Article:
The menís 5.0 saw four local New York players reach the semi-final. In the top half of the draw, number four seed Nick Monogenis, from NYSC was victorious over number one seed Peter Blatchford, from Brooklyn in the semi-final. In the bottom half of the draw, Yale alumni Nik Bhandare, number two seed, beat Steven Pierson from Brooklyn to set up a meeting with Monogenis. The final was a battle that saw Monogenis clinch a 9-7 victory in the fifth game.

In a similar vein the final of the menís 4.5 and menís 4.0 were five game battles. The menís 4.5 final saw the number one seed Attila Agh from New Jersey beat number two seed Eric Drier from Long Island. Fighting back to two games all, tiredness seemed to take hold of Drier allowing Agh to take the final game 9-1. In the menís 4.0, the two finalists were both from Brooklyn. Jesus Manzenda from the Eastern Athletic Club managed to take a 2-0 lead over Ben Pierson from Cobble Hill before the game scores leveled at 2-2. The final game went the full distance with Ben Pierson claiming victory with a game score of 10-9.

The menís 3.5 and menís D also featured some hard fought battles throughout the draw. In the top half of the menís 3.5 draw, Dale Nicholson, number one seed from NYSC, outmaneuvered Ed Bafford, who rebounded off the back wall, in his attempts to retrieve Nicholsonís drives to length. In the bottom half, Aleski Brown from NYAC beat Mason Drake in five setting up the final with Nicholson. The final went to four games with Brown outlasting Nicholson.

The menís D draw saw the juniors fall victim to their more experienced counterparts. The semi-finals pitted Diego Hoic from NJ, against Enrique Doger and Tom Flynn from Connecticut against Seamus Thompson from New York. Both matches were over in three games setting up a final between Hoic and Flynn where Hoic claimed the winnerís title.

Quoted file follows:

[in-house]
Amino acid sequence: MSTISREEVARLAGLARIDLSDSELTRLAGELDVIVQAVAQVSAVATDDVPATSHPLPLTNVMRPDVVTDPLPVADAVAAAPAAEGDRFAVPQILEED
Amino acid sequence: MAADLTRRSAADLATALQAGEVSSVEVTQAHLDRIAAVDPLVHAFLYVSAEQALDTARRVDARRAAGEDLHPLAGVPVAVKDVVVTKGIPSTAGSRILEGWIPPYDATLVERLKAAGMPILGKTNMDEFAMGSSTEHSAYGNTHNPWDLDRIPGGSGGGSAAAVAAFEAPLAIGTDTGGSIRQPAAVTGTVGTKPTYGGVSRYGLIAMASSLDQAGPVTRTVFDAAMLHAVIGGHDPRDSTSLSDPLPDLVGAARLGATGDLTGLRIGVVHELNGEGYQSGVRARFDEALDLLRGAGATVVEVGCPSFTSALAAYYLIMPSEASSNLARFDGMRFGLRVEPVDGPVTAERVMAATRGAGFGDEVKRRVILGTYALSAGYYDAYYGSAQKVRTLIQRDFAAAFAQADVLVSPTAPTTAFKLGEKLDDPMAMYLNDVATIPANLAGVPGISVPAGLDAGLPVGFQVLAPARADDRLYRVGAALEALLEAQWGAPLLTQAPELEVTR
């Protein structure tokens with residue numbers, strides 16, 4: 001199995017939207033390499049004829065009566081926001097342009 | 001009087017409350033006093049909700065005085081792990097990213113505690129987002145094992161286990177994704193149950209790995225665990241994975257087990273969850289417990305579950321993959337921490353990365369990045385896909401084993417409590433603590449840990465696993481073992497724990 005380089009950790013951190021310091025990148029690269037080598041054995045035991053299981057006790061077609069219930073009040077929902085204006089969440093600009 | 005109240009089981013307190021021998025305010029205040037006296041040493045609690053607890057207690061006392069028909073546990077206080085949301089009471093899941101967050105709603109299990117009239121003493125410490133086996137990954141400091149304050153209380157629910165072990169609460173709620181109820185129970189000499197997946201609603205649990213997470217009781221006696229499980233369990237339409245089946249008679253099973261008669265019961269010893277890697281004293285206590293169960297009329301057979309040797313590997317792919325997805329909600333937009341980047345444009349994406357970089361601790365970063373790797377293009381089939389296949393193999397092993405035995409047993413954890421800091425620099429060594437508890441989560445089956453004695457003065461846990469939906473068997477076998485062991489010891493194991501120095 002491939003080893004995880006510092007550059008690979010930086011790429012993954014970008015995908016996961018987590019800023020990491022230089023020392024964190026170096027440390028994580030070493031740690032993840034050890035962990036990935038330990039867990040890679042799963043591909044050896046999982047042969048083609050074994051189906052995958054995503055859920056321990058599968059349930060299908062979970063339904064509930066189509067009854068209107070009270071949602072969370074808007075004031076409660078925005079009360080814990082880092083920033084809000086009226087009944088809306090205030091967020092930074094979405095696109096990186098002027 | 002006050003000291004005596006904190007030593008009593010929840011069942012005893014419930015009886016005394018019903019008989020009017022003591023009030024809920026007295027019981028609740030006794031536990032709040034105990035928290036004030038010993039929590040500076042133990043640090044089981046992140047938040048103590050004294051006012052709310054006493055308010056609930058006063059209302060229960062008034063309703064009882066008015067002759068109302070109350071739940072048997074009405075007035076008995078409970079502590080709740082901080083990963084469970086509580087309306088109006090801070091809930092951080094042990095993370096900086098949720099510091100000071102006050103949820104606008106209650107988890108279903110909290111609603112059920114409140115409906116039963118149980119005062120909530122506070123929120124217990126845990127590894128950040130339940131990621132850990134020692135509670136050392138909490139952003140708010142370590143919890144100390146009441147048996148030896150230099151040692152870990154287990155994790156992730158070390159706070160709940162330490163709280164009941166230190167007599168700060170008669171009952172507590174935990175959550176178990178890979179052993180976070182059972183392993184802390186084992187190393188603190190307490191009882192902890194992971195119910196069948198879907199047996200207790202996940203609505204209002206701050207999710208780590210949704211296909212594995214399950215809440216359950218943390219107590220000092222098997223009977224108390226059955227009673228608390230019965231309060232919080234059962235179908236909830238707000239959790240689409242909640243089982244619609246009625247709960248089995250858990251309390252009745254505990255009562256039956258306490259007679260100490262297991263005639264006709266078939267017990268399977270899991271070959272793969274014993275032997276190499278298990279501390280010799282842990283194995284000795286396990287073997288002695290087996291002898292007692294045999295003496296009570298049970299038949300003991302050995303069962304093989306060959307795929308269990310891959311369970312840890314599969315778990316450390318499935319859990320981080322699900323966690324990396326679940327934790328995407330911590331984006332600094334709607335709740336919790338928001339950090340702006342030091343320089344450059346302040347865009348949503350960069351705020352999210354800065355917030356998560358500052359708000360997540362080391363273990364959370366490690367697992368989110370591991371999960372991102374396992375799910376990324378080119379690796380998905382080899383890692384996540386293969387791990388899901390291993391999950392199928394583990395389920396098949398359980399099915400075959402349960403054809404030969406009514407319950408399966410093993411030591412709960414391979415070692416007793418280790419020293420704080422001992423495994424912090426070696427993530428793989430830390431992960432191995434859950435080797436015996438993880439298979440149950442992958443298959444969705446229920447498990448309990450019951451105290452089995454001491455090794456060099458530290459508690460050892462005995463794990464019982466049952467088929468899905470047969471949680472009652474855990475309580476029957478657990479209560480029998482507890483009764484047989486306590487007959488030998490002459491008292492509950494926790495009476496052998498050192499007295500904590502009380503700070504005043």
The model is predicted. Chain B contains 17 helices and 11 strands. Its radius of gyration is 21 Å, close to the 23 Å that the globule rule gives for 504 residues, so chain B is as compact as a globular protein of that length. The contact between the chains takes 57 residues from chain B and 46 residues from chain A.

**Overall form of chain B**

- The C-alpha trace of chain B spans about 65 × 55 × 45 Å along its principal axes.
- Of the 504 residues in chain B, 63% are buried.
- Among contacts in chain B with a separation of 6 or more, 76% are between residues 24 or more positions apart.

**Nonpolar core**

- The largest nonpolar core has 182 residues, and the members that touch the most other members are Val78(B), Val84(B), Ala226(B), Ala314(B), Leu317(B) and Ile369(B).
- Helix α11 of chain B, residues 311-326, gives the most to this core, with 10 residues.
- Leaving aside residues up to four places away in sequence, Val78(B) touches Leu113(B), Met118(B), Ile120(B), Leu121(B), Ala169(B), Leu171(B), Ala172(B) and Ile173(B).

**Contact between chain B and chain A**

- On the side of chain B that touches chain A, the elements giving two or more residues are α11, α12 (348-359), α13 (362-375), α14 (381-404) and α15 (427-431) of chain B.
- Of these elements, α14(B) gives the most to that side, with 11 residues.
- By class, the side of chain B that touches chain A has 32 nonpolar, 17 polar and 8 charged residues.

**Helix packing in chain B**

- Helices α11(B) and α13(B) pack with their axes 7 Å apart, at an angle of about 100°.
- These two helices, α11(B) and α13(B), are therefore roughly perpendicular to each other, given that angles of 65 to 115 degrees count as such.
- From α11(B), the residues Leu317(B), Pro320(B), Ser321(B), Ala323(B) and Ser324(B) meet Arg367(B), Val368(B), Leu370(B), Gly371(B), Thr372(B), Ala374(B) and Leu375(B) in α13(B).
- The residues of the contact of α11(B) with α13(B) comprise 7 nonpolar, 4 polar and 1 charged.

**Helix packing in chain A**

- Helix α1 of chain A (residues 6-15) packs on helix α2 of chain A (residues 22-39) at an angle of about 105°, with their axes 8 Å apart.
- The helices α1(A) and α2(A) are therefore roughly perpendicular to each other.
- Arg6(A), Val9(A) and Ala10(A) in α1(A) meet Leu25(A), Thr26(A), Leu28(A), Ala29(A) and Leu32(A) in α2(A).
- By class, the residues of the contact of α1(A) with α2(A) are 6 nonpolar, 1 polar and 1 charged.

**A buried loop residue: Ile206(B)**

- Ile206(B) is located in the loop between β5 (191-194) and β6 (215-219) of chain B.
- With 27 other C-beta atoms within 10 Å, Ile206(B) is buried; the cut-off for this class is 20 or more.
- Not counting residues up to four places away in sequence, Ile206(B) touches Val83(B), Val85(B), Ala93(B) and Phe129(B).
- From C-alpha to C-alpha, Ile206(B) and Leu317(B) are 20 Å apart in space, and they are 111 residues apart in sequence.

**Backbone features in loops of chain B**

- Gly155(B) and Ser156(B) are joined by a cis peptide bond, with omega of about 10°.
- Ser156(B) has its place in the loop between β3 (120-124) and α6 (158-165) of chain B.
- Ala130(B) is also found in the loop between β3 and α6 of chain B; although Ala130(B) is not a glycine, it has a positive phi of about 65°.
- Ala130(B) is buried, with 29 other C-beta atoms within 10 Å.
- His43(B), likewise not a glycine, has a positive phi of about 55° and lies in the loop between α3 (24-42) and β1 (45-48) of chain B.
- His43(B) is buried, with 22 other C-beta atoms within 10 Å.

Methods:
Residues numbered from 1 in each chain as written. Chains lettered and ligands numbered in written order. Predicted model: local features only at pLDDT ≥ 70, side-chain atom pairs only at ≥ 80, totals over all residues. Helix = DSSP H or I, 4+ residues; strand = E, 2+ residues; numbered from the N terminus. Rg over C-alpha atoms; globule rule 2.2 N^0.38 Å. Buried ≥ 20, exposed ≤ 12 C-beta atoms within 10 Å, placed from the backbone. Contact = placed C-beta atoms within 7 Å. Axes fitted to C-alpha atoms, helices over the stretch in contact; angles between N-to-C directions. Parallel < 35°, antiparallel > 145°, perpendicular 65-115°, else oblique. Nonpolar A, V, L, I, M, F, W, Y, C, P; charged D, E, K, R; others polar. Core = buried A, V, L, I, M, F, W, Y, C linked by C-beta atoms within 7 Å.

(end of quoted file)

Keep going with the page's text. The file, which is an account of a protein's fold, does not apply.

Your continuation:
In the menís 60+ draw the top two seed, Robert MacDonald and John Greco fell victim in the semi finales to Nikki Lang and Steve Vignolo respectively. In the final, it looked as if Lang from Canada might have made a comeback after taking the third game. However Vignolo was too strong and claimed victory with a 9-1 scoreline in the fourth game.

The six players in the menís 70+ draw were split into two groups of three for round robin play. The winners of each group would face off against each other in the final. Norman Hugo from the Union club met Bob Barton from New Jersey in the final. Barton was just too strong in the final and was victorious in three games.

The womenís 5.0 and 4.0 draws were both round robin formats of four and five players respectively. In both draws it was a junior from NYSC that claimed the title. In the womenís 5.0 Emily Park continued to add to her growing list of titles with Amalia Londono from New Jersey taking second spot. In the womenís 4.5, Alia Aziz won all her matches to take the title. Only falling victim to Aziz, Christine Mercnik took second place.

The womenís C draw of eight included four juniors, two of which made it to the final. In the top half of the draw, Victoria Barba put up a spirited fight against Katherine OíDonnell in the semi-final. However OíDonnell won the match in three games. In the bottom half, having played a tough five game match against Campbell Sechrest, Karen Kim fell victim to Alix Walker. In the final OíDonnell from New Jersey beat Walker from Connecticut in three to take the title.

Results
Menís Pro
Final: Shahier Razik def. Peter Genever 3-1
Semi-finals: Razik def. Julian Wellings 3-0; Genever def. Victor Berg 3-1

Womenís Pro
Final: Sharon Wee def. Alison Waters 3-1
Semi-finals: Wee def. Dominique Lloyd-Water 3-0; Waters def. Amelia Pittock 3-1

Menís 6.0
Final: Beau River def. Marcus Cowie 3-0
Consols winner: Andrew Merrill

Menís 5.5
Final: Adam Walker def. Michael Scherl 3-0
Consols winner: Kip Gould

Menís 5.0
Final: Nick Monogenis def. Nik Bhandare 3-2
Consols winner: Ramesh Haridas

Menís 4.5
Final: Attila Agh def. Eric Drier 3-2
Consols winner: Michael Farahnick

Menís 4.0
Final: Ben Pierson def. Jesus Manzenda 3-2
Consols winner: Matthew Candel

Menís 3.5
Final: Aleski Brown def. Dale Nicholson 3-1
Consols winner: Don Hamrahi

Menís D
Final: Diego Hoic def. Tom Flynn 3-0
Consols winner: Jon Sonne

Menís 60+
Final: Steve Vignolo def. Nikki Lang 3-1
Consols winner: Bob Kreitler

Menís 70+
Final: Bob Barton def. Norman Hugo 3-0

Womenís 5.0 Round Robin
Winner: Emily Park
Finalist: Amalia Londono

Womenís 4.0 Round Robin
Winner: Alia Aziz
Finalist: Christine Mercnik

Womenís C:
Final: Katherine OíDonnell def. Alix Walker 3-0
Consols Winner: Campbell Sechrest